3 soldiers and policemen doing in the field, in particular in relation to

4 cars and tractors?

5 A. They separated the men and sent them east and west, and then they

6 -- they sent the women off in a convoy southward towards Albania, but they

7 didn't allow them even to take bread with them. And they couldn't take

8 anything with them, not even children's blankets. And then they piled

9 them all up and burnt them on tractors and trailers and cars. And one

10 trailer was left on the meadow, and Zoje Osmani, an elderly woman, was

11 left on this trailer. She was unable to move, and she was burned alive.

12 And Qerime Hajra from Izbica, who was in a wheelchair, was burned

13 in the lower part of her body.

14 Q. You've -- pause there. I want to deal with things in an orderly

15 way and you're being very helpful, but let's just move on a little.

16 In due course, you identified - indeed, I think probably spoke to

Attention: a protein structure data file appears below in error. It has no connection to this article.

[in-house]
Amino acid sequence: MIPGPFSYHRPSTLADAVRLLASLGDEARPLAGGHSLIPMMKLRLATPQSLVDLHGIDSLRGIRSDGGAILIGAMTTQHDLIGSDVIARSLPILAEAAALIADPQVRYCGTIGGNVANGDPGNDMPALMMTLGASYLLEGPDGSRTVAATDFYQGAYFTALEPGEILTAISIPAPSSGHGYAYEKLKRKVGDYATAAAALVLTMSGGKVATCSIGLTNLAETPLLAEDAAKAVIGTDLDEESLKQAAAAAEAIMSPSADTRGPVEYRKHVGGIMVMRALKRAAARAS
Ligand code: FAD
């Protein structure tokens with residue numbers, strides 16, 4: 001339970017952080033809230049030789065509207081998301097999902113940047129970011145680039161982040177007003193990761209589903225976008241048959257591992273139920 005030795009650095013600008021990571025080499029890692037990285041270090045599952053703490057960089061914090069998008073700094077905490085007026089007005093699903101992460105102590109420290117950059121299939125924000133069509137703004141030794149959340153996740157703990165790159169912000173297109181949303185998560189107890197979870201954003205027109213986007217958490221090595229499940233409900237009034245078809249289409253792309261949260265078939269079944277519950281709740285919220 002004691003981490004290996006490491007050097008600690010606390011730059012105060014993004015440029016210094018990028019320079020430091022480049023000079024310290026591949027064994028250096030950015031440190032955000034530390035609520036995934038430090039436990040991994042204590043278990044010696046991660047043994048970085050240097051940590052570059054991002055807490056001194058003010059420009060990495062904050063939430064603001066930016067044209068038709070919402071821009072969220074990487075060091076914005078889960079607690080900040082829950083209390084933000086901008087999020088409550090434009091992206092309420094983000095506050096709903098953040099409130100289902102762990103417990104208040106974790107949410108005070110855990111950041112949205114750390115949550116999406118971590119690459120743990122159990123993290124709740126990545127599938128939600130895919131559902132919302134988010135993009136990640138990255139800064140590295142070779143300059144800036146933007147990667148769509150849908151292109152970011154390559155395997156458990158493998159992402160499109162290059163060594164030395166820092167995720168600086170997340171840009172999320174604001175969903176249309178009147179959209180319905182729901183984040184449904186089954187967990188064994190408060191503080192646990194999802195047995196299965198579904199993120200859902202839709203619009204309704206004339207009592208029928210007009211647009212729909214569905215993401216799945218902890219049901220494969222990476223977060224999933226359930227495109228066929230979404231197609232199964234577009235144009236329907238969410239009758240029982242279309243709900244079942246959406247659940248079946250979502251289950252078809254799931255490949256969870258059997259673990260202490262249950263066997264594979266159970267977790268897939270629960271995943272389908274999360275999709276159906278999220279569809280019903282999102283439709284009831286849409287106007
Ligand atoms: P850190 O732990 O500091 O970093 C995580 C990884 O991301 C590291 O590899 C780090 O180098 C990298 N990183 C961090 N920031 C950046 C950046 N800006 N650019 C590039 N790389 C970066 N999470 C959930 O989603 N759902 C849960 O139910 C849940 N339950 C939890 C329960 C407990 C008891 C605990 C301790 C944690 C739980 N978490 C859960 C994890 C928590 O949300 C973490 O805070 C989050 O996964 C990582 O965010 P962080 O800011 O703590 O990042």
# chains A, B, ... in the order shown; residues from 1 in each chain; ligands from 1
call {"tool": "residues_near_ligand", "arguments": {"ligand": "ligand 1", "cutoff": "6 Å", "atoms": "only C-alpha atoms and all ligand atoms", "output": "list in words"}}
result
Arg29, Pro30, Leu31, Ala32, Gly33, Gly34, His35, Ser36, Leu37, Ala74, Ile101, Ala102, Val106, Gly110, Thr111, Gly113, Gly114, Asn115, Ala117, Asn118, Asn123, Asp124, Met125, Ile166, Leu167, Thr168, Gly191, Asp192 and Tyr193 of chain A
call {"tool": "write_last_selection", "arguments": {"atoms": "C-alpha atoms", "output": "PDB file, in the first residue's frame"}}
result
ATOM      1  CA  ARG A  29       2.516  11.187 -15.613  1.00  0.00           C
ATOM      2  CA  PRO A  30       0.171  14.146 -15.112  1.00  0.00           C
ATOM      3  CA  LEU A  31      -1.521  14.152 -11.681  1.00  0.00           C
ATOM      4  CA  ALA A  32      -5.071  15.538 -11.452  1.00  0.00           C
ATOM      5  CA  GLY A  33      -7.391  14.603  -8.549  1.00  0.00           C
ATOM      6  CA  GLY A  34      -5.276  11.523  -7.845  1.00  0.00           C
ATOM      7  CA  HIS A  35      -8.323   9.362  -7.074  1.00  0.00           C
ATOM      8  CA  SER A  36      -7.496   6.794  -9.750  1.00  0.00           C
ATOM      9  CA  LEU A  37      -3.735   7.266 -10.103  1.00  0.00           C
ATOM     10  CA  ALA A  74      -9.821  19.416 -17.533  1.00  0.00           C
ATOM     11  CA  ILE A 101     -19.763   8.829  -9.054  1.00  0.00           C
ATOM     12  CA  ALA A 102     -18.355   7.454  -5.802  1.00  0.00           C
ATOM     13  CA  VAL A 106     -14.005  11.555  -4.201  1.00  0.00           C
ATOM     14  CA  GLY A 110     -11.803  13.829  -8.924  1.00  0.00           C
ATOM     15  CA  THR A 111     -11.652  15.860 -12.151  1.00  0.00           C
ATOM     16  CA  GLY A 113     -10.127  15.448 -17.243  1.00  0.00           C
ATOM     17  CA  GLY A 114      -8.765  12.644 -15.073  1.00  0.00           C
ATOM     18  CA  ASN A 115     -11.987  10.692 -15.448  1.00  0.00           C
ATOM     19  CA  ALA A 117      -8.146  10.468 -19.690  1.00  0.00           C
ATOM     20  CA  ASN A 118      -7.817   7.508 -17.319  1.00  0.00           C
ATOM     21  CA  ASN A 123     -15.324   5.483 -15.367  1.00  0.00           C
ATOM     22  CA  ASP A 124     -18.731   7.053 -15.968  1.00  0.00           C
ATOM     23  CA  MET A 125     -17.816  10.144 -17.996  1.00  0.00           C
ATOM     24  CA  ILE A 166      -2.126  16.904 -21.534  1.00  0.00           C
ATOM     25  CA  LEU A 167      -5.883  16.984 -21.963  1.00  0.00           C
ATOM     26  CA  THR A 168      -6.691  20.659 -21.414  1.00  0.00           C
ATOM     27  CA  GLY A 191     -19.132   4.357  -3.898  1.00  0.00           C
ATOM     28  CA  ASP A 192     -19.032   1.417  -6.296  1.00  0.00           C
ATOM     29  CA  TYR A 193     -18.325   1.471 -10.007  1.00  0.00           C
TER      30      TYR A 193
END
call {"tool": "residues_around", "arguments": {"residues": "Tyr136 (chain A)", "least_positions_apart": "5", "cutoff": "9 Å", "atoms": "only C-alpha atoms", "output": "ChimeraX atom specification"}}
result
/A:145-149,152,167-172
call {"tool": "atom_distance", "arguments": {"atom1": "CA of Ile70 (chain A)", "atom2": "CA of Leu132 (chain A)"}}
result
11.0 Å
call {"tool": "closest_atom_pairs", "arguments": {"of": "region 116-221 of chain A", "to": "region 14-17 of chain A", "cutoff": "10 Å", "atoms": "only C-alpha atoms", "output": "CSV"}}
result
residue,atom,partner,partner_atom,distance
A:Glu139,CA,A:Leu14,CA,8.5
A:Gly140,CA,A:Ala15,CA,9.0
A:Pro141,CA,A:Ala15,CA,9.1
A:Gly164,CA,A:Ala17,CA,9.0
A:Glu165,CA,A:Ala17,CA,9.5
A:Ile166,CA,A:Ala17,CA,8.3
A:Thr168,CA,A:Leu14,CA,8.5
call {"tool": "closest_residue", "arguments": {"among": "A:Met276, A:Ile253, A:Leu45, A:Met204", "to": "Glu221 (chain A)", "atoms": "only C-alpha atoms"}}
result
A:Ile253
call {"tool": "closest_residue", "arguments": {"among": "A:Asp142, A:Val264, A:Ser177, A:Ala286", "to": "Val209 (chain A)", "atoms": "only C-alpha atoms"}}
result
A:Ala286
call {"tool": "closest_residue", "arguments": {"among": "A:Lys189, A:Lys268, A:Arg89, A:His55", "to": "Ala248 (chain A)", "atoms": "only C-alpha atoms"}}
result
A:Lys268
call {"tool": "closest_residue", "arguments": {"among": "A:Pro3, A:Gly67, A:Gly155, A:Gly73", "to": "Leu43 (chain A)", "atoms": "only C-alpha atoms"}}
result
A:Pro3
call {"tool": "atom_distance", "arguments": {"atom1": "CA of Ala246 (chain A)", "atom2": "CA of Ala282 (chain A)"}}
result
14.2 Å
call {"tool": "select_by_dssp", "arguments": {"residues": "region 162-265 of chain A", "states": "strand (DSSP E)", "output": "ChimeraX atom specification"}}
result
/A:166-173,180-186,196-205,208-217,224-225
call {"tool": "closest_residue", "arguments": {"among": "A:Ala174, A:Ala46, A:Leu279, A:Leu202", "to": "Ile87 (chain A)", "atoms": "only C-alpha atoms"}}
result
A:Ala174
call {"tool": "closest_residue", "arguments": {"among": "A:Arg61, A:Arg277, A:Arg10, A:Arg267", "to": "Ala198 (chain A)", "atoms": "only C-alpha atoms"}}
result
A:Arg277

17 - a number of survivors of this massacre or these massacres who were able

18 to give or would be able to give eyewitness testimony.

19 A. Yes, I've talked to them, the survivor witnesses.

20 Q. You've listed them in the statement you've made to the OTP. It's

21 at page 6. And in addition to the names that you have listed there,

22 another man Feka Fekaj, I think, you discovered had survived; is that

23 right?

24 A. Could you repeat that again, please? Could you repeat that name

25 again, please.

Page 8868

1 Q. Feka Fekaj.

2 A. Ah, Feka Fekaj from Klina. He said two weeks ago that he was

3 present at the execution.

4 MR. NICE: Your Honour, I don't propose to list the survivors.

5 They are available to the accused and the amici if they need to contact

6 them.

7 Q. One of the survivors spoke to you of one of the policemen who

8 declined to carry out the executions and was replaced by somebody else who

9 was willing; is that correct?

10 A. Yes. It's said by Nasim Mulej from Jashanica, who had spoken to